Power: Command v.s. Social

The label passive aggressive is oft ascribed to others but rarely subscribed to. When you deploy this label your accusing the other side of acting both with a hidden agenda and out of weakness. Note that the accusation of a hidden agenda is usually an indirect way of admitting that you haven’t a clue what the other side is on about. Notice also that the accusation of aggressive is a step toward admitting that the other side has power. Negotiating power. The exaggerated language is a failed attempt at self deprecating humor. Humor about the of the fear this realization has engendered.

A black and white model of negotiation might hold that it’s what you do when your not acting. In that characterization it becomes the opposite of acting, i.e. passive.
But real negotiation is work. The work of negotiating is the work of finding a common understanding. That search involves uncovering workable models of the other sides agendas.

One frame to shovel all this into is ‘coordination problems.’ Some coordination problems are solved by command control; which is typically viewed as masculine. Some coordination problems are solved by emergent behavior arising out of common cause (pool of common practice). This is often called community and typically viewed as feminine. Of course all the real systems and interesting systems are in the middle space between these two fantasy worlds.

Power is found in both these systems at their network hubs. Which is obvious in the tree topology of the command and control hierarchy; and even in the more complex variations on that where different dominions of authority (say: management, engineering, marketing, pr) are overlaid. Efficient, stagnant systems may have no conflicts to be resolved at these hubs; but that’s rare. The function of the nodes in the topology is to both execute the ritualized parts of behavior but more interestingly to resolve conflicts – i.e. to do the negotiation. In a hierarchy this puts the guys in the middle nodes into interesting role of bridging between two differing world views. Which opens them up to the accusation that they are two faced.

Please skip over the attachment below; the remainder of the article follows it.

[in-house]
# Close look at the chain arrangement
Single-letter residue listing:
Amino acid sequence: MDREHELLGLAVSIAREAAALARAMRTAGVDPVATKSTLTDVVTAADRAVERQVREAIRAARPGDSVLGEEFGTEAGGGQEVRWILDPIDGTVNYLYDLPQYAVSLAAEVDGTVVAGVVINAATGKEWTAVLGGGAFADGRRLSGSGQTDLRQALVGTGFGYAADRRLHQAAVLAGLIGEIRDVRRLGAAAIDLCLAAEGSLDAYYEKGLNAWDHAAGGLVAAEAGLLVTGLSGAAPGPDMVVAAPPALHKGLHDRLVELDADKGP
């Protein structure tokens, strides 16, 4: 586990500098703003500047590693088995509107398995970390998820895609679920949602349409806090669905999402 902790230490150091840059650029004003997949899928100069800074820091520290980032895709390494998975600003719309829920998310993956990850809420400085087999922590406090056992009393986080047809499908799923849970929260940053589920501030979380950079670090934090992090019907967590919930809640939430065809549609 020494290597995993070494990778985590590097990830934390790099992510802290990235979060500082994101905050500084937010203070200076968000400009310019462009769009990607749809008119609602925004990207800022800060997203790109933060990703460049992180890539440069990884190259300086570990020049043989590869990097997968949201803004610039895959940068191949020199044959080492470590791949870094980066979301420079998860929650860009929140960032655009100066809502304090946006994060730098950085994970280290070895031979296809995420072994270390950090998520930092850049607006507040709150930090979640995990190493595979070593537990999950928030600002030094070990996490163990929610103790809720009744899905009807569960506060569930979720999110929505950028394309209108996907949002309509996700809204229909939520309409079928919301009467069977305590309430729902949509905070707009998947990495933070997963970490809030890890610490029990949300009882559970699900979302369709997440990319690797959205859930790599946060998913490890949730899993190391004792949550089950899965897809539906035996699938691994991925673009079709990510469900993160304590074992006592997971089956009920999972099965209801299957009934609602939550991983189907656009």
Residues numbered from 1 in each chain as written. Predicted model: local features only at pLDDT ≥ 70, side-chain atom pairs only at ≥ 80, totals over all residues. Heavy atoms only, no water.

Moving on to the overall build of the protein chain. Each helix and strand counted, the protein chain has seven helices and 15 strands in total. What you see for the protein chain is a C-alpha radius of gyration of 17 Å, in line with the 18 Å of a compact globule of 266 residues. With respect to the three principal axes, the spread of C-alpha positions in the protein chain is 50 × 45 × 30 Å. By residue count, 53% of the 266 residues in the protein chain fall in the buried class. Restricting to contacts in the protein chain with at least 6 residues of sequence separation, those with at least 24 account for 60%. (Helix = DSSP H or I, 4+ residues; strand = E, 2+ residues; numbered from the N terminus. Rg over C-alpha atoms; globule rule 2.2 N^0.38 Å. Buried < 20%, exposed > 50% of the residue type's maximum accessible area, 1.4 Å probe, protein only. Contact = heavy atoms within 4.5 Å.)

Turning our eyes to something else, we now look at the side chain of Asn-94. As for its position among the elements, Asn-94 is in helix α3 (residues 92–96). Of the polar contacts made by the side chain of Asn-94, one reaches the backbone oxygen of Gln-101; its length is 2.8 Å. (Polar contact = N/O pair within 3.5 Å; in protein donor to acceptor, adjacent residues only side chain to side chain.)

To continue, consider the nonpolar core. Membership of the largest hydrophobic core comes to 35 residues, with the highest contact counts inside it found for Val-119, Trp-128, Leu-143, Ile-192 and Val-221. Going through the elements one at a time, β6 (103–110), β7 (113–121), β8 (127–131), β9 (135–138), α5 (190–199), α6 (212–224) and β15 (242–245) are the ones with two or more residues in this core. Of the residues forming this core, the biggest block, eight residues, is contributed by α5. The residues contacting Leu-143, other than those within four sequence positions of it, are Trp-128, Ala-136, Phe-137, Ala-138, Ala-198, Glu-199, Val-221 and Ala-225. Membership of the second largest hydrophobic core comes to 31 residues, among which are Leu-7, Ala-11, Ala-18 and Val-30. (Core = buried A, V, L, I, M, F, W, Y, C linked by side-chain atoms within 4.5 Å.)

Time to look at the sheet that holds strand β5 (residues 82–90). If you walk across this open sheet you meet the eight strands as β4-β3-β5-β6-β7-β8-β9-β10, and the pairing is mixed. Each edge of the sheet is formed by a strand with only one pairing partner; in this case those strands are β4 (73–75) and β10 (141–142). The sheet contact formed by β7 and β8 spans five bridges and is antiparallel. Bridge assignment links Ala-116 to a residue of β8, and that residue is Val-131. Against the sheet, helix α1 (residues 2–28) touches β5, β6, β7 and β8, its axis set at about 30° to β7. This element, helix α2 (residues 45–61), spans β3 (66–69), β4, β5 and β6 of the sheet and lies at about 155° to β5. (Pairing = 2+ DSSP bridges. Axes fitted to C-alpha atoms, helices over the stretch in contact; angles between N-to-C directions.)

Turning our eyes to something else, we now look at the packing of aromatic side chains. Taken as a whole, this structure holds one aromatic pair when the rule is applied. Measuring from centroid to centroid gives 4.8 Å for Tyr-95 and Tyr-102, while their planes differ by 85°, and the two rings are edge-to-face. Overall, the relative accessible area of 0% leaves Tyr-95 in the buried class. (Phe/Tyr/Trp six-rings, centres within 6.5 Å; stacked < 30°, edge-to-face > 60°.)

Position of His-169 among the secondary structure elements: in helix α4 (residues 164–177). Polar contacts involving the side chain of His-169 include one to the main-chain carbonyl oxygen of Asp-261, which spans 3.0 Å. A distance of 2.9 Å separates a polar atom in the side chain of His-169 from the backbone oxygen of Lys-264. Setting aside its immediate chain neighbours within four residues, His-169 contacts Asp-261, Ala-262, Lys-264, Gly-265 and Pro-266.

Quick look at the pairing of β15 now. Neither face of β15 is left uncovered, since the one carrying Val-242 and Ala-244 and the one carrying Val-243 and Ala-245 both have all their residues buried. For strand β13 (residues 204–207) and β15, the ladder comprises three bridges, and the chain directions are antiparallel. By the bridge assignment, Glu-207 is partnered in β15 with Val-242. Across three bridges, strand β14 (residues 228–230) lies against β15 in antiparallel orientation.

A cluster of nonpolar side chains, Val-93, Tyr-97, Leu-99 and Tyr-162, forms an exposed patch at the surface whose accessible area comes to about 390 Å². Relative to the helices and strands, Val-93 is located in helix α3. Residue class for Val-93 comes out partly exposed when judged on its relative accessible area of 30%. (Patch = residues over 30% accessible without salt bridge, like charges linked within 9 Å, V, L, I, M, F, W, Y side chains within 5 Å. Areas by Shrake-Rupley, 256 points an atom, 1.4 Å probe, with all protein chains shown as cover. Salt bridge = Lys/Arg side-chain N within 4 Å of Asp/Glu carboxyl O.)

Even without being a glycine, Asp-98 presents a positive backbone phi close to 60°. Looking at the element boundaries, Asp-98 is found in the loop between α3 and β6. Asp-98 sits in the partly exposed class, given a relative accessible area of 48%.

In the community coordination systems the network hubs draw all their power from their role as negotiators; though that’s rarely the term used. Social networking is another name used. The powerful role in these systems works off the energy created by the diversity of world views found across the hubs contacts. Moving information and resources around to create common cause. Telling engineering about what marketing has discovered. Connecting somebody in manufacturing with somebody in engineering that might know somebody who can resolve the problem de-jour. Like the middle manager in a command and control hierarchy the hub can be accused of unclear loyalties.

Of course this is all terribly over simplified. But the male-bossy-hierarchy model is more likely to see the female-chatty-networking as passive aggressive.

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